If you are even thinking about going fast enough to high-side, you need to be in a proper suit. That doesn’t mean it needs to break the bank though. These days, for a lot less than a grand, you can get hold of some very, very good leathers; with or without an airbag. Just take a look at what RST have got to offer.

As far as boots and gloves go, well you have to ask yourself how much you value being able to walk, and wank. In my many years of crashing bikes, I’ve found hands and feet to be the most vulnerable parts in a crash. Particularly bigger crashes, when your extremities end up flailing about all over the place. Of course, according to the law, you don’t need to wear boots and gloves if you don’t want to. In fact I’m sure plenty have nipped out on their bike, with trainers on and no gloves, when it’s just round the corner; I’ve done it myself, and I realise that it’s fucking stupid. The fact that, as I write this, my right leg has just come out of plaster, just goes to prove the point.

Things can go wrong on a bike, we all know that. If you’re wearing proper riding kit though, that’s made well, fits well and that you’ve looked after, chances are you won’t hurt yourself. You might hurt yourself, but if you do you’ve been unlucky. If you’re not wearing the proper kit when you crash, you almost certainly will hurt yourself… but you’re not unlucky, you’re stupid. Like me.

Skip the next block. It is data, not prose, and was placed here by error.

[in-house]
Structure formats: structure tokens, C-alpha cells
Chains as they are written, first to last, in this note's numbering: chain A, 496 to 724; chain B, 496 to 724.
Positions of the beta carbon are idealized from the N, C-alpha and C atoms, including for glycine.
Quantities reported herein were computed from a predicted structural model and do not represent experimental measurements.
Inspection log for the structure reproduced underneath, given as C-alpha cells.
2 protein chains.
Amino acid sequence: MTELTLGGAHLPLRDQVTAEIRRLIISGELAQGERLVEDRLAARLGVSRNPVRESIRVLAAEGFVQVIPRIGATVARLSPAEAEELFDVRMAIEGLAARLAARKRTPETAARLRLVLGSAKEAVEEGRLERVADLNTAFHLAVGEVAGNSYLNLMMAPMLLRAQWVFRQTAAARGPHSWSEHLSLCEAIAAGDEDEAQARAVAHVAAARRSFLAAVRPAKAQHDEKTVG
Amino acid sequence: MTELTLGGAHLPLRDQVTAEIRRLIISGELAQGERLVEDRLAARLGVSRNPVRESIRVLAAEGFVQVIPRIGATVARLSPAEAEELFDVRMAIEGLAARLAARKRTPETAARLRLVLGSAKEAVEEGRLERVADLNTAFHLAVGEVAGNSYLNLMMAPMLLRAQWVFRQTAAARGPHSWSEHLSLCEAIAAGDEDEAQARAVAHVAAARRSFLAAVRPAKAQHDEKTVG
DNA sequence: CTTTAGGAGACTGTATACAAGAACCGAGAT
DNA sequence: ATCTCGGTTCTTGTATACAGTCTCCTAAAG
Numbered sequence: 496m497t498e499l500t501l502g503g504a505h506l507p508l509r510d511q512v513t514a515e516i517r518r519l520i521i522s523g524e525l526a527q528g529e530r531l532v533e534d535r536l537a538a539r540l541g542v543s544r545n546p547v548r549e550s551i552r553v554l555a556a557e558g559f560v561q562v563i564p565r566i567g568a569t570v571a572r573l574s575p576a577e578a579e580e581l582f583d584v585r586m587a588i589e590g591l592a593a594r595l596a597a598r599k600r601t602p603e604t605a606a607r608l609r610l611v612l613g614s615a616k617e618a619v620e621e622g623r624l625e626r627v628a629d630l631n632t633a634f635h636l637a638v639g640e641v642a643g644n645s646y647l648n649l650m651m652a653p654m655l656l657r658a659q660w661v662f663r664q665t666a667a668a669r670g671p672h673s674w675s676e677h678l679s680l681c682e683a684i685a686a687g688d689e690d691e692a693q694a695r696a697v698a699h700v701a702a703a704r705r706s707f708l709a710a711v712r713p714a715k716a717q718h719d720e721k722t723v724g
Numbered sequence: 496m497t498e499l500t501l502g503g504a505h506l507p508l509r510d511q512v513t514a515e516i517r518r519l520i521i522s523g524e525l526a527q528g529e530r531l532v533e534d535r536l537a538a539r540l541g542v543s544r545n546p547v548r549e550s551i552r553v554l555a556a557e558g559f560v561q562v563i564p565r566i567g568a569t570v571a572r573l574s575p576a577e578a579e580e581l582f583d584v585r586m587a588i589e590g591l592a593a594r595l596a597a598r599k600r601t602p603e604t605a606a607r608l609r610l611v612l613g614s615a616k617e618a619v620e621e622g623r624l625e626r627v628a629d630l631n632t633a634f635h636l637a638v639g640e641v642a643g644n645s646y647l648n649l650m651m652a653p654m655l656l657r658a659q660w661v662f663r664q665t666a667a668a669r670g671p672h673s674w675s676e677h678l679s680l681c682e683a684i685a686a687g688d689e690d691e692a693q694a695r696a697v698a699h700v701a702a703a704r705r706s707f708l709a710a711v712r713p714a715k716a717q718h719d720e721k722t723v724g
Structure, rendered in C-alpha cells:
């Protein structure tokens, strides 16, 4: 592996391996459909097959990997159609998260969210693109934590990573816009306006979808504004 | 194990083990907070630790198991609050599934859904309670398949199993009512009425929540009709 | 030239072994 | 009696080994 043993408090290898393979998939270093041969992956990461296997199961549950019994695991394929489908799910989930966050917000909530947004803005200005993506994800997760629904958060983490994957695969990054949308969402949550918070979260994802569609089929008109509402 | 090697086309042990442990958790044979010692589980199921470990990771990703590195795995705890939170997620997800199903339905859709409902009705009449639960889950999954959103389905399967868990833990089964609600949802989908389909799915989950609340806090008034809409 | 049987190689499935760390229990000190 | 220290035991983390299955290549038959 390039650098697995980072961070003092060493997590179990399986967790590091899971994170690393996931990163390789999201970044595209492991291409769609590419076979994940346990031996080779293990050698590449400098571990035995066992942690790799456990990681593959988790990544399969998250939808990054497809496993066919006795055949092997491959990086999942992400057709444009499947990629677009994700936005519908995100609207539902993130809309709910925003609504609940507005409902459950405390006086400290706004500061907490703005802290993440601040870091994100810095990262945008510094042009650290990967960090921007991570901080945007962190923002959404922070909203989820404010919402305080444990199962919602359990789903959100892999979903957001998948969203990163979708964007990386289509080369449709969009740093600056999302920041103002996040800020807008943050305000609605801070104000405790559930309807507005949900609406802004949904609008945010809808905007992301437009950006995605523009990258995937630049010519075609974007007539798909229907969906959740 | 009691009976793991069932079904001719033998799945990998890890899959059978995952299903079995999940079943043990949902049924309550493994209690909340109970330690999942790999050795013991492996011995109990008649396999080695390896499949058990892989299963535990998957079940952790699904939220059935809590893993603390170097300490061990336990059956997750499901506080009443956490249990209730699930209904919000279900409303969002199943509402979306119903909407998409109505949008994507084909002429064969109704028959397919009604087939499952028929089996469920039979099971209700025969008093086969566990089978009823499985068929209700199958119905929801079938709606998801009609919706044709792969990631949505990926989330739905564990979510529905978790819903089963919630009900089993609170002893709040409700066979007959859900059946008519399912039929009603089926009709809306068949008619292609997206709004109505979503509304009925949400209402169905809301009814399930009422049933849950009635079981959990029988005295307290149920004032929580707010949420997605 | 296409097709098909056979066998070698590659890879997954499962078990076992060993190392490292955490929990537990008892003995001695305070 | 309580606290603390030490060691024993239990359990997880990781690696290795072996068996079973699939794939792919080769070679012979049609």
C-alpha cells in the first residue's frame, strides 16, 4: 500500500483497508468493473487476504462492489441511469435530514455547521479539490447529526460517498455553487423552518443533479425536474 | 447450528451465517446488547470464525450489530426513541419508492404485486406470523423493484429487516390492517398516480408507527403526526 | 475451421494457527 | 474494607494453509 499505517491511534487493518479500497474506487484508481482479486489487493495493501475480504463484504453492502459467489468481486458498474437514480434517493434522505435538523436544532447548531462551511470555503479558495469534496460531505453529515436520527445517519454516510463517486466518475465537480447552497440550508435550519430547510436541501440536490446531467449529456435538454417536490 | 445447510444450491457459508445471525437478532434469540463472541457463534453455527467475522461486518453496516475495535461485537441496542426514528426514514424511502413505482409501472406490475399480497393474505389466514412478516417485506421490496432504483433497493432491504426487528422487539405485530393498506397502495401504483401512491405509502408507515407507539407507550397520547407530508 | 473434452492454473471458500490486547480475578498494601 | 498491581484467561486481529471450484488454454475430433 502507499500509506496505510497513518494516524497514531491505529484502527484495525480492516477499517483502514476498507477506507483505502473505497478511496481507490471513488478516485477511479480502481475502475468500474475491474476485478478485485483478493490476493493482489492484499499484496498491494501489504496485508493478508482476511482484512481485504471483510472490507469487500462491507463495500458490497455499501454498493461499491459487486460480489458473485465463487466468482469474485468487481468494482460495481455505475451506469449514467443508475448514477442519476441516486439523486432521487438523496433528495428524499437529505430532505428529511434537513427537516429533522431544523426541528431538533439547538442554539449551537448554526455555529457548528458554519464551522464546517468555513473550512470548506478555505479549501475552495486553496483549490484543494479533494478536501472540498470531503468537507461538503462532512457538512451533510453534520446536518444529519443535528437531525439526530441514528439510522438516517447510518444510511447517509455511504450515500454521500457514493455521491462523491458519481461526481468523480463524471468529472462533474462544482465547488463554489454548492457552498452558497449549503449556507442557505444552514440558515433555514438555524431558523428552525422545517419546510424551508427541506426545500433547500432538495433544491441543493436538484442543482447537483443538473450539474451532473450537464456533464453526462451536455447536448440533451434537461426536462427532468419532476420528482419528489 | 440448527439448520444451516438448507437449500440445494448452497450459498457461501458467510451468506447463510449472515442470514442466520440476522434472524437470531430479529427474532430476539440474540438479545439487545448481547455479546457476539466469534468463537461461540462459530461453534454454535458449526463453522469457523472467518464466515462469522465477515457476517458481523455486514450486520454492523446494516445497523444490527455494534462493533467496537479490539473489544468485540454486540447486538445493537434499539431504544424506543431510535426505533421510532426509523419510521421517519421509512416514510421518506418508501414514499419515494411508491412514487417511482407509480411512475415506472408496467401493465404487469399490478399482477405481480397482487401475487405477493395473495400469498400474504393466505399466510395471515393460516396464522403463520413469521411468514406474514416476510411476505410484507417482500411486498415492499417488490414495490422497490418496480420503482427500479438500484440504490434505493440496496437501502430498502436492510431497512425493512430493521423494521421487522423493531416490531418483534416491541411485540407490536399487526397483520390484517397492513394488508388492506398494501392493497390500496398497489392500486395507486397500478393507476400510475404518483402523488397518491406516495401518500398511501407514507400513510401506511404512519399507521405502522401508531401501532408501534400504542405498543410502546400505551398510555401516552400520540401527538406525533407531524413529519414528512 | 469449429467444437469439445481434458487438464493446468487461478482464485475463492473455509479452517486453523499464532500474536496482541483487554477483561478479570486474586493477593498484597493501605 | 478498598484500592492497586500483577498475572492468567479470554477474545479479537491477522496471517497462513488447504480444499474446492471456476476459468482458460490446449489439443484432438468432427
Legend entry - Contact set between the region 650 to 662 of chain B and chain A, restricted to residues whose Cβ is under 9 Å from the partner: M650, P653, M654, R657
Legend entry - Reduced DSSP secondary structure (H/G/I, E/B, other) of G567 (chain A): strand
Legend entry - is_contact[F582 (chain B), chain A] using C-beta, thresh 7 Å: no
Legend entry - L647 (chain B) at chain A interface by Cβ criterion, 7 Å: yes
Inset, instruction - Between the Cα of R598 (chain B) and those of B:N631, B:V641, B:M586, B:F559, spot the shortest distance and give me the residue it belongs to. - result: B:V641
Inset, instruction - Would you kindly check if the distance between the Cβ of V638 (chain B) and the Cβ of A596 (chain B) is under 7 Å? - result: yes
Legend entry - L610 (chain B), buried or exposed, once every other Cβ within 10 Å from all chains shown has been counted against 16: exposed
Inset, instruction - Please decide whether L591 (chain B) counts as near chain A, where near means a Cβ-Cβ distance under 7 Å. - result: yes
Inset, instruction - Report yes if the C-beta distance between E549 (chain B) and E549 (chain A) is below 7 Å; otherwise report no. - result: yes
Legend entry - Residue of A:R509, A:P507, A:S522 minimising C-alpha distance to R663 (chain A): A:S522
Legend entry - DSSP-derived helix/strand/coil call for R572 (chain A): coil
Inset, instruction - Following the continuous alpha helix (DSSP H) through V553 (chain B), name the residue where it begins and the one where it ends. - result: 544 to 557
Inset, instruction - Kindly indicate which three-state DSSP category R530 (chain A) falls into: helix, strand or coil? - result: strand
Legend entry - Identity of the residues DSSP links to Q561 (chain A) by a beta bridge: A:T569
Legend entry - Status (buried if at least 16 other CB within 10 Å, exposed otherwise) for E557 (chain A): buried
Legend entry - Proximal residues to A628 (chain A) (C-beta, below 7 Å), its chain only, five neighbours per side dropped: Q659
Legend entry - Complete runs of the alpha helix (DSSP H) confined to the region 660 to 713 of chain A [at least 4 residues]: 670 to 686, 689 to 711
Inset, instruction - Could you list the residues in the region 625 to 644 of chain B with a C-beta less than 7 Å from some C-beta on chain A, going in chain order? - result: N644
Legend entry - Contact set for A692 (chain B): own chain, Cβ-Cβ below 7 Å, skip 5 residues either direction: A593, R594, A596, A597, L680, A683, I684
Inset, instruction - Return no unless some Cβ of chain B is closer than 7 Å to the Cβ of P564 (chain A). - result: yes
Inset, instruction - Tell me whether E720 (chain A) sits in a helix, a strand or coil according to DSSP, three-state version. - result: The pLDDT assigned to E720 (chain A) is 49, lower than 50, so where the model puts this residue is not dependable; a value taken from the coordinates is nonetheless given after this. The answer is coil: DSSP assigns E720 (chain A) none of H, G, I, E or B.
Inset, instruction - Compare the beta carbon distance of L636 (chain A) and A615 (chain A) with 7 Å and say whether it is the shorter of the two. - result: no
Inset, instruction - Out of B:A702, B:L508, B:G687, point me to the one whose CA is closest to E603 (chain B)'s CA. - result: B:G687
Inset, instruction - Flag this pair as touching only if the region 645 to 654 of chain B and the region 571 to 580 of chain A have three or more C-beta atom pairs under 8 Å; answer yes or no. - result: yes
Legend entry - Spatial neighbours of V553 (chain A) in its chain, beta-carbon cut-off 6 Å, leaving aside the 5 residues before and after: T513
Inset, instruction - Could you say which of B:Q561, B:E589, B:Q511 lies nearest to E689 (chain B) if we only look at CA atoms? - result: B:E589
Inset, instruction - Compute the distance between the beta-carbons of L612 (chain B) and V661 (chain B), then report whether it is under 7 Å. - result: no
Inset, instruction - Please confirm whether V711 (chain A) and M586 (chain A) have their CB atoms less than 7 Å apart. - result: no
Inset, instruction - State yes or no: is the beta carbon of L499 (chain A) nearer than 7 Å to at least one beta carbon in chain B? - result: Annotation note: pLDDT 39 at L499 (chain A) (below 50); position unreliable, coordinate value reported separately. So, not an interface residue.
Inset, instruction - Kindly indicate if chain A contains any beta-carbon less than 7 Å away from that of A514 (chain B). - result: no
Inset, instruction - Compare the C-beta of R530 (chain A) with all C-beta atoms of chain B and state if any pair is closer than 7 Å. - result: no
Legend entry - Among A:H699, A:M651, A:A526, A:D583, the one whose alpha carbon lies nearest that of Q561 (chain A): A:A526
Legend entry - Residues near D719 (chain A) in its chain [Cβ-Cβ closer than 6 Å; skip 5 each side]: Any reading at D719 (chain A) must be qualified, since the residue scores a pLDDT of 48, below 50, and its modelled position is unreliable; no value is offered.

10 Responses

  1. Great read! I would be interested to know however, would it be advised to use the more budget helmets from reputable brands, such as an AGV K1 when on a budget, or are they still not worth a w*nk?

    1. Check the Sharp safety rating, gives you a good idea of how good it is with impacts, although I think with track/racing helmets they can sometimes struggle are they’re built with a harder shell so offer less impact absorption.

  2. Well said!
    A former acquaintance of mine was riding like a dick and did a superman over a U-Turning Nissan Micra.
    When he landed, hands first at 95mph, the resulting skin/road interface ground down all his fingers to the 2nd knuckles.
    His gloves were inside his jacket because he was hot.

  3. Never, never skimp on kit. Buy it because you can’t regrow body parts. My little finger is now much more ‘little’, should have bought better gloves.

  4. Agree, it can be a bit of a palaver getting a full one piece on at times just for a quick ride but at least wear gloves and something rated covering your arms. Its not often but you still do see people in t shirts (especially in europe) riding around and it amazes me. Skin on tarmac makes me wince…

  5. When I started riding, helmets weren’t compulsory, but my father always insisted that I wore decent gloves and boots, because you so often end up sliding on them, particularly if your first bike was a Lambretta!!

  6. In a word: No!
    The safest kit to fit all sizes is Rukka because what price do you place on your life, wearing others inferior clothing and helmets.
    You wouldn’t wear someone else’s used condom so, why put yourself in their gear?